You may have the option of wrapping your closing costs into the loan amount as long as you still meet the lender’s DTI and loan-to-value (LTV) requirements. However, that will increase your monthly mortgage payments.

How to remove a co-owner from the title

If you’re removing one borrower from a joint mortgage loan, you’ll also want to make sure you remove their name from the title of the home. After all, you probably wouldn’t want them to have partial ownership of a home they are no longer financially responsible for.
To remove someone’s name from a house title, you’ll have to file a quitclaim deed. This document transfers ownership of a property from one party to another. In this case, the quitclaim deed would change the home’s ownership to remove the name of the person who has been removed from the mortgage loan.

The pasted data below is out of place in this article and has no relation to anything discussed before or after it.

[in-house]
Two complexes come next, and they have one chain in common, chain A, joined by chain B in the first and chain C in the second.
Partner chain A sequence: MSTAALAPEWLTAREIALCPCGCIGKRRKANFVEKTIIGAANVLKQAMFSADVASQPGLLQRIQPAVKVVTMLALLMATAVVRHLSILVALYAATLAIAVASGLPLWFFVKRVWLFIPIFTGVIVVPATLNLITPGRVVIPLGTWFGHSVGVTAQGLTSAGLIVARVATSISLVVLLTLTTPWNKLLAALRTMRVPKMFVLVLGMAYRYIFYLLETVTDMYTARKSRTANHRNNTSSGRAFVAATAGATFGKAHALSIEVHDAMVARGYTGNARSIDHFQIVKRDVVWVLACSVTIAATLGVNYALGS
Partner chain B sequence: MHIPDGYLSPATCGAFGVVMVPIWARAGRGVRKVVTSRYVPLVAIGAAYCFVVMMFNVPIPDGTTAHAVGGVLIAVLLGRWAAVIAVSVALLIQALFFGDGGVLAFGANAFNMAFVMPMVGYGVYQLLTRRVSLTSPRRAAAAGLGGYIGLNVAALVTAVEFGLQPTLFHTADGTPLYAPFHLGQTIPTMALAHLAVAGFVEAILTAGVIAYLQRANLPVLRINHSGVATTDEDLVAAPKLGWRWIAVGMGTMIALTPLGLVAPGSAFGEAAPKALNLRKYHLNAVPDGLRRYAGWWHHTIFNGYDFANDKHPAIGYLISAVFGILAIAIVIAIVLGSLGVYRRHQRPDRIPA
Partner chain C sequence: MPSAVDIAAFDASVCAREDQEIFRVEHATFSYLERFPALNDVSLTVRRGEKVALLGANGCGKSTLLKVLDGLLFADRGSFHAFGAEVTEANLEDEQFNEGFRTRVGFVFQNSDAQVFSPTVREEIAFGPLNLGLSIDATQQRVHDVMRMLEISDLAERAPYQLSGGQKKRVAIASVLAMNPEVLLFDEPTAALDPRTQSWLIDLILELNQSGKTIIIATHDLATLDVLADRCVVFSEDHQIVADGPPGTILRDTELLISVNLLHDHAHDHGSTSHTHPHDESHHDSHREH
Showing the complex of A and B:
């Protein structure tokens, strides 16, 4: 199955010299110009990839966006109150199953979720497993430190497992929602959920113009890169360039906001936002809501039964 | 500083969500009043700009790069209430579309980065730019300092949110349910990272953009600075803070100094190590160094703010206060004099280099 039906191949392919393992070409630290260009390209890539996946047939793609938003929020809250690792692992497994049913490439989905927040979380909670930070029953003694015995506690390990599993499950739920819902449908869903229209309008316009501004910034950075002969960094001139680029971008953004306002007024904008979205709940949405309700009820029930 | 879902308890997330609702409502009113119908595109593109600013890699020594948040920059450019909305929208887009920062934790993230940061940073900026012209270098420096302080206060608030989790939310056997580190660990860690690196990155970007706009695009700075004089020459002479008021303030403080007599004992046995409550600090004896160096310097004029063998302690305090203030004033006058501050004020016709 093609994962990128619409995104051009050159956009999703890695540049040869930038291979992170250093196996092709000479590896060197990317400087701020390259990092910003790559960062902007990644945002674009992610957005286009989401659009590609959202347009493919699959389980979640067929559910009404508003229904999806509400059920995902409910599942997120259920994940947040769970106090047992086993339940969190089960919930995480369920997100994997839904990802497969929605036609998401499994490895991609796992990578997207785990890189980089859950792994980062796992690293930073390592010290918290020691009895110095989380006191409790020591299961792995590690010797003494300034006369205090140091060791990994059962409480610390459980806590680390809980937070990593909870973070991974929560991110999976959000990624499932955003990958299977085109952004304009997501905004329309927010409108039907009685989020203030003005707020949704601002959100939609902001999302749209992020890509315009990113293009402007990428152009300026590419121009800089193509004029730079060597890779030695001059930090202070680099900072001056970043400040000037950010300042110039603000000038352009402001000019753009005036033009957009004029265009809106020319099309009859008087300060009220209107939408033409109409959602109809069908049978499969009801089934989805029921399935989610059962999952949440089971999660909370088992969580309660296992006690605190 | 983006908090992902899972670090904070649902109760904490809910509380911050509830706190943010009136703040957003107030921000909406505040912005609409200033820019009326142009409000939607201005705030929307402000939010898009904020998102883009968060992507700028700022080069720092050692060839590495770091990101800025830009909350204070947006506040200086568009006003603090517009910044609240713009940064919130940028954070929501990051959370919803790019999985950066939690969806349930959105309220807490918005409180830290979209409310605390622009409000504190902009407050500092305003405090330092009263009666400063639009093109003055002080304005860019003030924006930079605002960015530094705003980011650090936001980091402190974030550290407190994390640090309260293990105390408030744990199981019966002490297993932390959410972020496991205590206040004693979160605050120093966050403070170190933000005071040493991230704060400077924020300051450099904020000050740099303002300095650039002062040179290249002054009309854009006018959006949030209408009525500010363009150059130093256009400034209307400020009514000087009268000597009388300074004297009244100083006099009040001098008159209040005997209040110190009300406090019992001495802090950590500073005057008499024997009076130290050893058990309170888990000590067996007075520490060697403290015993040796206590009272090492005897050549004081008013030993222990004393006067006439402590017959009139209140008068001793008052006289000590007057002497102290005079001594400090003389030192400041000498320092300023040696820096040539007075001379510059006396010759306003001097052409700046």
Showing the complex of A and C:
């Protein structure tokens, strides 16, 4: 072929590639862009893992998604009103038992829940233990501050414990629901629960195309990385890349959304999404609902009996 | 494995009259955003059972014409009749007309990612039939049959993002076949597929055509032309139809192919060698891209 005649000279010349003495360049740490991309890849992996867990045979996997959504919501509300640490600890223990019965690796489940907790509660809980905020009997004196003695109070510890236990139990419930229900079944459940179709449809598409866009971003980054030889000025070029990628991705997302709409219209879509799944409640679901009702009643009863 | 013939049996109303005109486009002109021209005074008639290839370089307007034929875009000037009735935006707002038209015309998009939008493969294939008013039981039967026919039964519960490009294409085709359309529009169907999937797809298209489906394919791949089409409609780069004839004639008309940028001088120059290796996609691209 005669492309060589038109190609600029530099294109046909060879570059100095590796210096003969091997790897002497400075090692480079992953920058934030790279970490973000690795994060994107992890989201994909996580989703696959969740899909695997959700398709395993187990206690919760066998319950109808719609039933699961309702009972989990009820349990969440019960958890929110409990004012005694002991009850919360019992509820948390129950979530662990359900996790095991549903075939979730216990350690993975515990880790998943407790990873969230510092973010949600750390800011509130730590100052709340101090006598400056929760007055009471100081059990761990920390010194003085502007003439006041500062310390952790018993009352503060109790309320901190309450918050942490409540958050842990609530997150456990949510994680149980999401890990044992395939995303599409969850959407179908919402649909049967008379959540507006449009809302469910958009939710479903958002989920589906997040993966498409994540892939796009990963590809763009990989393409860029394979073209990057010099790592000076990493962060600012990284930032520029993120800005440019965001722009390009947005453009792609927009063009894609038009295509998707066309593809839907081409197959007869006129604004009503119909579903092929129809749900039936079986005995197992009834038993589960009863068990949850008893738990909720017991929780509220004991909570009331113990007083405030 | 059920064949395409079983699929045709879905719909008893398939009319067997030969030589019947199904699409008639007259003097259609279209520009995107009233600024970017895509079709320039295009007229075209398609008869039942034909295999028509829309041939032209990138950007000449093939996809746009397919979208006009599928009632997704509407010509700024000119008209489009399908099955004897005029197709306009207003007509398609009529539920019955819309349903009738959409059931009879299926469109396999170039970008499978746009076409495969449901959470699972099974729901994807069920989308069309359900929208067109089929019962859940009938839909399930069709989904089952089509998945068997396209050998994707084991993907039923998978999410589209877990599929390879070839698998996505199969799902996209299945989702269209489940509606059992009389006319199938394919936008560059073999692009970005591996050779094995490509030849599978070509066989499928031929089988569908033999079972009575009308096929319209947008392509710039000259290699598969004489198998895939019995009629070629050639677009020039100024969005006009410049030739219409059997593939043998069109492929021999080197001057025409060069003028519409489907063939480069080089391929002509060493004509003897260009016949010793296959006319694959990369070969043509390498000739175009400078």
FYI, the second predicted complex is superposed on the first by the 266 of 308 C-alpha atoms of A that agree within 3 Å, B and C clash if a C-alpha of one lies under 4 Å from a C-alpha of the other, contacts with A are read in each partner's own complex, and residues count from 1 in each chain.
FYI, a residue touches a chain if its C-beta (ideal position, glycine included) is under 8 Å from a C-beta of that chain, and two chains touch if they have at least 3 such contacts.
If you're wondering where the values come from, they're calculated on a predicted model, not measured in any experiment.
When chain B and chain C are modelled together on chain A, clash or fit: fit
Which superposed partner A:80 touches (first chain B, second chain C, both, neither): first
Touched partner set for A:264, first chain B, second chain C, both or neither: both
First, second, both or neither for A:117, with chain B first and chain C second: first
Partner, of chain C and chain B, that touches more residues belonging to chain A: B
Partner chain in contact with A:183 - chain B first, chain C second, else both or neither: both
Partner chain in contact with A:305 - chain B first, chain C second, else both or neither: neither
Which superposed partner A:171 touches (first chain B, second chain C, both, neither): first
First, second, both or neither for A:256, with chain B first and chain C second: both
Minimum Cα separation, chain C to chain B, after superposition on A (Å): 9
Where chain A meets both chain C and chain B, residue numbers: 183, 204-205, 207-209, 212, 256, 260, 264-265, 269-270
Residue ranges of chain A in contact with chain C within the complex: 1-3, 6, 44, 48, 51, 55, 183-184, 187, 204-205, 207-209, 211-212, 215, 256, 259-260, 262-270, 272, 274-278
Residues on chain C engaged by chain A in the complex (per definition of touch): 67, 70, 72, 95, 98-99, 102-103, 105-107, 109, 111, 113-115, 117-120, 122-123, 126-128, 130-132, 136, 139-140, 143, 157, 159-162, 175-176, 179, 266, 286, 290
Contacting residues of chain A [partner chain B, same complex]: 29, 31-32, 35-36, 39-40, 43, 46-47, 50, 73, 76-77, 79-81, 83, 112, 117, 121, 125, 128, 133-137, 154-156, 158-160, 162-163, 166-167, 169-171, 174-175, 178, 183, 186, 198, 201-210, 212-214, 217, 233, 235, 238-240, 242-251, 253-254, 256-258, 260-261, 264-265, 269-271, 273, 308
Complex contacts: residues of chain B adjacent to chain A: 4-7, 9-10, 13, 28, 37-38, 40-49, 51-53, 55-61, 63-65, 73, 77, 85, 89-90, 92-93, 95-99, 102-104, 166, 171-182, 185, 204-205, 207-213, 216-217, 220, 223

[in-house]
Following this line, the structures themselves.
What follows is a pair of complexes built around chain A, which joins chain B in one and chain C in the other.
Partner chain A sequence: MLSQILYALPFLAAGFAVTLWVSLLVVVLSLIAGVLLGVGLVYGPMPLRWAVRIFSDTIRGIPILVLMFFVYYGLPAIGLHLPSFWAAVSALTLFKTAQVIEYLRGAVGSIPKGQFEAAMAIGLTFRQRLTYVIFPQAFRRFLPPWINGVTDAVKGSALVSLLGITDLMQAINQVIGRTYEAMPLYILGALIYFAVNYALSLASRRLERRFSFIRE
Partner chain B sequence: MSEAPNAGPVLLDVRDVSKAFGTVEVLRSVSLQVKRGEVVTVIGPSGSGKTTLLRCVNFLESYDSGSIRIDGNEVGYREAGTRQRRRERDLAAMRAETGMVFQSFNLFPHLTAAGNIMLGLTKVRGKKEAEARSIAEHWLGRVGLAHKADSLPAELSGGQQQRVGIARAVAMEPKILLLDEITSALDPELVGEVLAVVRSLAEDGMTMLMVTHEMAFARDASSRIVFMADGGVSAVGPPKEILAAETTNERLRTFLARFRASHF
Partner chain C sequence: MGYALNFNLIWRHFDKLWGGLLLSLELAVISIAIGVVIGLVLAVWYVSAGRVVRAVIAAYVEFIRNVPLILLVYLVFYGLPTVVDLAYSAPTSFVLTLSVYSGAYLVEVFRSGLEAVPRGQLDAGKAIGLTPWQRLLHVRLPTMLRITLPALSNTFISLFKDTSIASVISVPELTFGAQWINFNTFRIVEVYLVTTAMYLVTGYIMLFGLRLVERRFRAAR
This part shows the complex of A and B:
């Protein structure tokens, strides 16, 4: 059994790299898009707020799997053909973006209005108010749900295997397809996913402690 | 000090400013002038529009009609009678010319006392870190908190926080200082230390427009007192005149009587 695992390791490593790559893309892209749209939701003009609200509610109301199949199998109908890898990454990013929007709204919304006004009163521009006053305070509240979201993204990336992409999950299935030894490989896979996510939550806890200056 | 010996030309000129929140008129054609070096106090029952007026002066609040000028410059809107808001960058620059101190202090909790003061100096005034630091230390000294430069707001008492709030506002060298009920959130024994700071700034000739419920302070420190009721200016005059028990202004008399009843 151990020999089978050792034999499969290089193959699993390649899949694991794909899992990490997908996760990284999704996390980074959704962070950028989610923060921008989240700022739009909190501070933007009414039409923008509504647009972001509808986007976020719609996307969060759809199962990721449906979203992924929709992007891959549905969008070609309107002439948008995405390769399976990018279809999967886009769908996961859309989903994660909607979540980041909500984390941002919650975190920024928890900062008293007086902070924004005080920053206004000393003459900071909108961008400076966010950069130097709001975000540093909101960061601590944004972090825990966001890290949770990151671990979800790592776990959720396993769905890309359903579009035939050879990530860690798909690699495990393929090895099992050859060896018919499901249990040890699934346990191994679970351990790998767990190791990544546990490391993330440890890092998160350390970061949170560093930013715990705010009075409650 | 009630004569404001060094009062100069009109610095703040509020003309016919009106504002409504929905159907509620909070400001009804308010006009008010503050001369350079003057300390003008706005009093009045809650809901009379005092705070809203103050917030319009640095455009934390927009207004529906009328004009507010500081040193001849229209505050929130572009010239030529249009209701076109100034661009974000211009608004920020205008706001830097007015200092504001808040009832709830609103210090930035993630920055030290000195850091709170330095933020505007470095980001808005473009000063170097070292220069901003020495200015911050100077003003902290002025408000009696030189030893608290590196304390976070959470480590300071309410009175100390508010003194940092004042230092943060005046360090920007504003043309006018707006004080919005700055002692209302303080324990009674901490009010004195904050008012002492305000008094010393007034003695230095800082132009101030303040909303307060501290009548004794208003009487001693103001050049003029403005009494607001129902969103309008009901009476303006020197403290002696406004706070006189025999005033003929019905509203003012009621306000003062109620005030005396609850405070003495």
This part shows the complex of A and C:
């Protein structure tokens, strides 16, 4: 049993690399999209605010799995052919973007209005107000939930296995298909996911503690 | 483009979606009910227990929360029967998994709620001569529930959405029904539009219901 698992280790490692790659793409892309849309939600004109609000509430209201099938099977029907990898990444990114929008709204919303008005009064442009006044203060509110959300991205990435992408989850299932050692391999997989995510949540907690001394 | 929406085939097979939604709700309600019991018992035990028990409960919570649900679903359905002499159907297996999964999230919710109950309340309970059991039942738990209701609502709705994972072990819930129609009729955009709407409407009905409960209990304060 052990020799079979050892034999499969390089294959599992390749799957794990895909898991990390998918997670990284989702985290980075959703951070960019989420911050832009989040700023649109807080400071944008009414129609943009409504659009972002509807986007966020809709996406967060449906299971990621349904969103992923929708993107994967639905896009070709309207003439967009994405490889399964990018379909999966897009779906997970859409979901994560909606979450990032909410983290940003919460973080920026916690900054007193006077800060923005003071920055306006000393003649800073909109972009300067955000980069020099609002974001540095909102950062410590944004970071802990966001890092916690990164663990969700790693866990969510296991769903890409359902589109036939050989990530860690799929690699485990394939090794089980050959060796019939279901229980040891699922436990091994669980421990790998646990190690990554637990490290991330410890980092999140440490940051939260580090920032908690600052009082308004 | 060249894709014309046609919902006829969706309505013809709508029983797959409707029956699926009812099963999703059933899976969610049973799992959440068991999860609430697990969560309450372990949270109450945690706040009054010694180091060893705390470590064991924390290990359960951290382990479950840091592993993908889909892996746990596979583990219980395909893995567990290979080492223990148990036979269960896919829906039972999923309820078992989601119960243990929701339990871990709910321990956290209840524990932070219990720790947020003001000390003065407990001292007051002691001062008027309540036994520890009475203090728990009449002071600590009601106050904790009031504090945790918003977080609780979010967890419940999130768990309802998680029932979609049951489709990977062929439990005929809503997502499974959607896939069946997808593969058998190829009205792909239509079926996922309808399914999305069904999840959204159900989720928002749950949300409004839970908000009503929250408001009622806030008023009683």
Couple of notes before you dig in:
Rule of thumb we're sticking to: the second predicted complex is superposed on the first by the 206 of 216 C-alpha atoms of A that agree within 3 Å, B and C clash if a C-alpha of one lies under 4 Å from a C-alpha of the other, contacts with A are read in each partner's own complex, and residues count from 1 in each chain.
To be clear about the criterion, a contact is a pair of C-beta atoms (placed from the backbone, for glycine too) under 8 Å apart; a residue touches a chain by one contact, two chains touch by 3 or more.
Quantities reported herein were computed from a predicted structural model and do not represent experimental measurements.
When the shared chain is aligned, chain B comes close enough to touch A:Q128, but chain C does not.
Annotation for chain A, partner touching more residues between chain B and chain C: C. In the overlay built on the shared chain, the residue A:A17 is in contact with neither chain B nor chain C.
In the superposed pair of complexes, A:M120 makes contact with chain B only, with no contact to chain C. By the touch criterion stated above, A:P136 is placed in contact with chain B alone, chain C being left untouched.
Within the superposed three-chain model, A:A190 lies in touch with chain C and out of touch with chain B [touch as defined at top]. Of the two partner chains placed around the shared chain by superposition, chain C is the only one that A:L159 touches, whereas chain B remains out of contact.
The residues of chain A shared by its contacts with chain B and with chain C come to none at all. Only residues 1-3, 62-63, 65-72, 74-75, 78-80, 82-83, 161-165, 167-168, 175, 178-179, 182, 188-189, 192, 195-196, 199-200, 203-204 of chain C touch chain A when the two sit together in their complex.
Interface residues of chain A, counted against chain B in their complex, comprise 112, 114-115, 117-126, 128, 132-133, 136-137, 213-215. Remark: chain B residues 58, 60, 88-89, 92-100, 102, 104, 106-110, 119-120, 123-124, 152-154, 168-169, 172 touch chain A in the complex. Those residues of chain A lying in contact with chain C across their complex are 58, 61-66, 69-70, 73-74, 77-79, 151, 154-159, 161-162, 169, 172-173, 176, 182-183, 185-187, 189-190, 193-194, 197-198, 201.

Pro Tip

If you’re removing someone’s name from a mortgage after a divorce, it’s important to wait until the process is complete and consult your divorce agreement. In some cases, you may be required to pay your former spouse out for their share of the home equity before you can remove their name from the home’s title.


Can one person take their name off a joint mortgage?

Yes, it is possible to remove one borrower’s name from a mortgage. In most cases, this will be done by refinancing the loan.

Can I remove someone’s name from a mortgage without refinancing?

It may be possible to remove someone’s name without refinancing, especially if you have an assumable mortgage. But most mortgages don’t allow for loan assumption, and refinancing is often the only option.

What happens if one person leaves a joint mortgage?